Jews troubled by Baptist push for converts

By , Staff writer of The Christian Science Monitor

The latest evangelical thrust of the Southern Baptist Convention is drawing protest from Jews, who see Baptist prayers for their conversion as a disrespect for religious differences.

On the eve of the Days of Awe - from Rosh Hashanah to Yom Kippur, the 10 holiest days of the Jewish faith - the Southern Baptist Convention urged its members to pray throughout the holidays for the conversion of Jews.

To make the prayers more effective, it issued a prayer guide recommending that for each day members focus on the Jewish population of a given country and cover specific themes in their "intentional prayer." It called on members "to pray each day for Jewish individuals ...by name."

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The convention's International Prayer Strategy Office says they intend to do the same for Muslims during Ramadan, for Hindus during Divali, the Festival of Lights, and for Buddhists.

The Southern Baptist action supports an end-of-millennium push by evangelicals to try to reach all peoples of the world by the end of the year 2000.

To Jews, it is an outrage. "We are shocked and deeply offended by the call," says Abraham Foxman, national director of the Anti-Defamation League. It disregards the right of other people to be different in thought and beliefs, and to exercise that difference, he says. "It's an arrogance of spirit which is contrary to pluralism."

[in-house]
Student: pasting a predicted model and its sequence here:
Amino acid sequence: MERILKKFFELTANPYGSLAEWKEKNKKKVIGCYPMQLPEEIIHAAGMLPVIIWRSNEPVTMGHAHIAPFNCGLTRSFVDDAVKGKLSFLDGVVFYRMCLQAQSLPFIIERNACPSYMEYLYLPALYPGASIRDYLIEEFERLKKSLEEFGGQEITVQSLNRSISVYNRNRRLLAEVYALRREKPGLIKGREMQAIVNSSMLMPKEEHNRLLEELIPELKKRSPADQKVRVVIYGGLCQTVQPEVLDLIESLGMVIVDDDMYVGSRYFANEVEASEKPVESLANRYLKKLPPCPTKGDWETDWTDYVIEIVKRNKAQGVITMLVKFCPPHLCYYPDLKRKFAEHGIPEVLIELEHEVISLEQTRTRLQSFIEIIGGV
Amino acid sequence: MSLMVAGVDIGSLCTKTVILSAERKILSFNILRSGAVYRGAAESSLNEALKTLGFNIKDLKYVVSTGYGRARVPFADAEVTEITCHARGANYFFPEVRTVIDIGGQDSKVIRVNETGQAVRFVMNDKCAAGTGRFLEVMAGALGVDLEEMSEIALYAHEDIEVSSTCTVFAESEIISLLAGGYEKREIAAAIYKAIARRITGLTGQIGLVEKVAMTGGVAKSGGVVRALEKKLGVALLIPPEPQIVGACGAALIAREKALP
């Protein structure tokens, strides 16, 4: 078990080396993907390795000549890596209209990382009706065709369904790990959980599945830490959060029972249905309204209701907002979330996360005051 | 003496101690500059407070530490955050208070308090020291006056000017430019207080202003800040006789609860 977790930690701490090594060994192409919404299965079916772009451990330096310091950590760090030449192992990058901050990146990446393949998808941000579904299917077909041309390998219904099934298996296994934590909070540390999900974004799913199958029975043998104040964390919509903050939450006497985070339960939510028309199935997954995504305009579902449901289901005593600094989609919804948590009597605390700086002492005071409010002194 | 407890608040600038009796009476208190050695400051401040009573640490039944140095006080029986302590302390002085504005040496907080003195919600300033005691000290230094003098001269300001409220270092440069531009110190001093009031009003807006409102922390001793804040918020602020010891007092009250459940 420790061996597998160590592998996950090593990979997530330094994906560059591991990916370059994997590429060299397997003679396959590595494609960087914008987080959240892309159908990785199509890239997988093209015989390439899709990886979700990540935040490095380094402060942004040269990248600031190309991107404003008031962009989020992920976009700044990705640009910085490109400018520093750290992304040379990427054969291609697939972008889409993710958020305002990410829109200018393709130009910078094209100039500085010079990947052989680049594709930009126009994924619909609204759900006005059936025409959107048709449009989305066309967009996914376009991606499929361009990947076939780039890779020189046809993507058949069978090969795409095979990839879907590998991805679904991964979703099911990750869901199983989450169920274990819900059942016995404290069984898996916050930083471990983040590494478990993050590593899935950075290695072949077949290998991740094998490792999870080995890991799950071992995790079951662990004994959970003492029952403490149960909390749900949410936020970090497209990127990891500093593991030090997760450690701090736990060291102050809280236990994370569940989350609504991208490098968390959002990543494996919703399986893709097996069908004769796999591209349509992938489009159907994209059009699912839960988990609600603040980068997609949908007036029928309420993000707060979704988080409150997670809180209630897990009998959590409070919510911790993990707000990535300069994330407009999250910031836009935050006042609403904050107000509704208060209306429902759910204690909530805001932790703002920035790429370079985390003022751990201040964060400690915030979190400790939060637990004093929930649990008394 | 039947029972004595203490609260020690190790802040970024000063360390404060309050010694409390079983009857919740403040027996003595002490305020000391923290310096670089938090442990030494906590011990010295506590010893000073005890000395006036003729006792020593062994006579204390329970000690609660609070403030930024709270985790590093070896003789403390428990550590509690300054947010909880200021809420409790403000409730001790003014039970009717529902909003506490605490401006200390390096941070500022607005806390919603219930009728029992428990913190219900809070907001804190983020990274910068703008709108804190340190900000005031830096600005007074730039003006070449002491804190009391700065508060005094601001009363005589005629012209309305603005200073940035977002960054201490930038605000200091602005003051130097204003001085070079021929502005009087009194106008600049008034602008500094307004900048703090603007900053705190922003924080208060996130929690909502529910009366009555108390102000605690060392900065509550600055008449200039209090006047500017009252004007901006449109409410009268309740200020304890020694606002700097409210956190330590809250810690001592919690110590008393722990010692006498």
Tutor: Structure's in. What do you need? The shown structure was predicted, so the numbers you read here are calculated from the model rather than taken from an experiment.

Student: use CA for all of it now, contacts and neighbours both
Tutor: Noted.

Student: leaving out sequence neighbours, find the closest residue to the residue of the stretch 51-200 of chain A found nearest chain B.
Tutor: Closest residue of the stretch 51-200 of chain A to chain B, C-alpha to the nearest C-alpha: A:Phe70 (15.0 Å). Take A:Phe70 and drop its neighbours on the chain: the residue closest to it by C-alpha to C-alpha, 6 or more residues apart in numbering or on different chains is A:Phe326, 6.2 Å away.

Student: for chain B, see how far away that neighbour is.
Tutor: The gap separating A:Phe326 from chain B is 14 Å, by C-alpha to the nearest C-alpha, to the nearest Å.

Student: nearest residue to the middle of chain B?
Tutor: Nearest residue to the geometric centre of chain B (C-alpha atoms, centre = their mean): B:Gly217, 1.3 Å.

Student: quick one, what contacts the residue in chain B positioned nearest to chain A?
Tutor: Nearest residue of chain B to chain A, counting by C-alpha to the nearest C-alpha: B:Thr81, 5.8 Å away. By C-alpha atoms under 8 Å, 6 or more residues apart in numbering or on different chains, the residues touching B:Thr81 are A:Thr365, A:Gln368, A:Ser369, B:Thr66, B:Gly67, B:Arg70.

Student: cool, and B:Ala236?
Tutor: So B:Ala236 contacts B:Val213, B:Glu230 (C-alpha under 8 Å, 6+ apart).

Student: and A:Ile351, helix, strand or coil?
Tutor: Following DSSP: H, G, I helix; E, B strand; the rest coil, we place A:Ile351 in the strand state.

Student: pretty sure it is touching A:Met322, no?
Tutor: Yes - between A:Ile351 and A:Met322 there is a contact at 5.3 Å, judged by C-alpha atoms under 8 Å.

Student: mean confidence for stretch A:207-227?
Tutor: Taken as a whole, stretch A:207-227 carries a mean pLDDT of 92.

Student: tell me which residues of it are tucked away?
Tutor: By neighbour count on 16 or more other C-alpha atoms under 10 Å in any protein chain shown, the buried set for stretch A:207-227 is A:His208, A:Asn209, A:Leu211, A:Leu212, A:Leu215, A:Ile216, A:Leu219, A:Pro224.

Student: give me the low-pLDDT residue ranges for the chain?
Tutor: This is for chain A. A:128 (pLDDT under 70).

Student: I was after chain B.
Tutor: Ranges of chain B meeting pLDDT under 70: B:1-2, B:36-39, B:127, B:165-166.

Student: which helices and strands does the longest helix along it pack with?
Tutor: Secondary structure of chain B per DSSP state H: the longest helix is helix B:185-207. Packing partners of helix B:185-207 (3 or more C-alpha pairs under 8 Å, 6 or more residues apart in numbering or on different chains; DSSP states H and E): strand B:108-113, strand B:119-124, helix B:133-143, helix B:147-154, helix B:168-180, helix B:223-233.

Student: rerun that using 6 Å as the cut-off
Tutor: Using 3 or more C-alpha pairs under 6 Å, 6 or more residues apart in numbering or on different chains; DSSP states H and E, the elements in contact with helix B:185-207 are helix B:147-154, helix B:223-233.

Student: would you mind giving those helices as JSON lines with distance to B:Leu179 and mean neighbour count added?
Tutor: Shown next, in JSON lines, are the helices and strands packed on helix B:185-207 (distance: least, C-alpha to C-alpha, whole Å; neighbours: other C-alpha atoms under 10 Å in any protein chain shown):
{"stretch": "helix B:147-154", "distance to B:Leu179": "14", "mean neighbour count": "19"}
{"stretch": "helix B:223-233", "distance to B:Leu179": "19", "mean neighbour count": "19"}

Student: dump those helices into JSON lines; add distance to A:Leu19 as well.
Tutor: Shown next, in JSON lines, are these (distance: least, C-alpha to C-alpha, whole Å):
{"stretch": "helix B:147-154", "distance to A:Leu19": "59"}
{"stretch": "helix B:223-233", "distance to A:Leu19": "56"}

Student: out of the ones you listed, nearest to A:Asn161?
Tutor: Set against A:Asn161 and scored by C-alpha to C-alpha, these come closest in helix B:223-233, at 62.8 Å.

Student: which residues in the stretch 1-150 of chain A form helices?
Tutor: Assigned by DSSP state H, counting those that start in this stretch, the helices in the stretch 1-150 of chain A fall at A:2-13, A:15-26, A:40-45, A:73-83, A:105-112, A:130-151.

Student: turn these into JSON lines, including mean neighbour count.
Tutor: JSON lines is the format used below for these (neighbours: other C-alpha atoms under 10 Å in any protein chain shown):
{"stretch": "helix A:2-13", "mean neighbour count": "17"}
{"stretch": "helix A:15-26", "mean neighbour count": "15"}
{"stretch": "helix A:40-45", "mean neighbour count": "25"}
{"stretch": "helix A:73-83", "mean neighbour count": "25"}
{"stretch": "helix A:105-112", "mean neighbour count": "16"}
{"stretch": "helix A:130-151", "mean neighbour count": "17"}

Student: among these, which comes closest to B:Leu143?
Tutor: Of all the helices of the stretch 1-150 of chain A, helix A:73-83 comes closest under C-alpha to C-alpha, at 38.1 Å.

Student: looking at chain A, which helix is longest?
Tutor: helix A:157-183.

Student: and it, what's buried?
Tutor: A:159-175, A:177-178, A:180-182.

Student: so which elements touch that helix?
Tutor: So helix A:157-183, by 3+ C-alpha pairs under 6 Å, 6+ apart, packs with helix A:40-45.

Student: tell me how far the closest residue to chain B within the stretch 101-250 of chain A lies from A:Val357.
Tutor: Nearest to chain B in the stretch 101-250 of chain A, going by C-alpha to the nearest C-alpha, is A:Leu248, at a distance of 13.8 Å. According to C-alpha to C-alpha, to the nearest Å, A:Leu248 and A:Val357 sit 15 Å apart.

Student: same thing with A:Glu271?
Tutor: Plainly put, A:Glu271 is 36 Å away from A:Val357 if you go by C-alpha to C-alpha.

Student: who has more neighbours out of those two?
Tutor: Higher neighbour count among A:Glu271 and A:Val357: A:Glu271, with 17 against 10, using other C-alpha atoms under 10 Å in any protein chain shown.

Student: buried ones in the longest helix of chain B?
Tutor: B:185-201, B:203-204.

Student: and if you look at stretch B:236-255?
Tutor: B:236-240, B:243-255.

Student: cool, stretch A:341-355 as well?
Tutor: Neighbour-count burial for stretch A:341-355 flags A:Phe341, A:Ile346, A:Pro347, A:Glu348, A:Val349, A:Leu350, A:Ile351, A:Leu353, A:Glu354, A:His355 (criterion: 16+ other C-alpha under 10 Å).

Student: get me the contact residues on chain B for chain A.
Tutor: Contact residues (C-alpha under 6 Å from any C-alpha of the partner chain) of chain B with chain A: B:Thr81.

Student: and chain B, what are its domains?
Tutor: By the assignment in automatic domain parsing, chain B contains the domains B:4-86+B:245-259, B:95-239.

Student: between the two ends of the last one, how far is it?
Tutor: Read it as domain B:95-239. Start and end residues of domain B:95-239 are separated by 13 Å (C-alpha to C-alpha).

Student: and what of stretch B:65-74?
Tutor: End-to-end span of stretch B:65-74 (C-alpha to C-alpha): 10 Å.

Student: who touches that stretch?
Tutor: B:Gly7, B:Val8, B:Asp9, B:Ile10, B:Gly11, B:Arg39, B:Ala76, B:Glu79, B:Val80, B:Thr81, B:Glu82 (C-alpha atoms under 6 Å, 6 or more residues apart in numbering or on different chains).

Baptists see it as an exercise of religious freedom and respectful of pluralism. "Baptists are staunch defenders of religious liberty. But this liberty does not mean that it is 'intolerant' or 'imperialistic' to tell others the Good News," says R. Albert Mohler Jr., president of Southern Baptist Theological Seminary, in a recent Wall Street Journal commentary (see 'spiritual mapping' page 15).

The initiative comes at a particularly sensitive time for American Jews, who, according to the National Jewish Outreach Program, face "a host of disturbing national trends" - a quickly growing rate of intermarriage, an extraordinarily low birth rate, and a sharp increase in the number of children being raised as non-Jews. The situation is so dire the NJOP calls it "the J2K problem."

"There are fewer Jews in the whole world (12-14 million) than there are Southern Baptists in the United States (16 million), says Martin Marty, head of The Public Religion Project. As for targeting Jews, he says, "You can get a clue from someone like Billy Graham. There's no way you can be an evangelist like him and not pray for the conversion of everybody...but a few years ago when he went to New York, he wrote to rabbis saying, 'I am not going to be targeting the Jews.' "

What particularly distresses Mr. Foxman is that ADL had been working with the Baptists to improve relations ever since they passed a 1996 resolution making Jewish conversion a priority. "This flies in the face of dialogue," he says. "We should be seeking to share and understand and respect one another. Why dialogue if the end result is that we have no value unless we become 'they'?"

(c) Copyright 1999. The Christian Science Publishing Society

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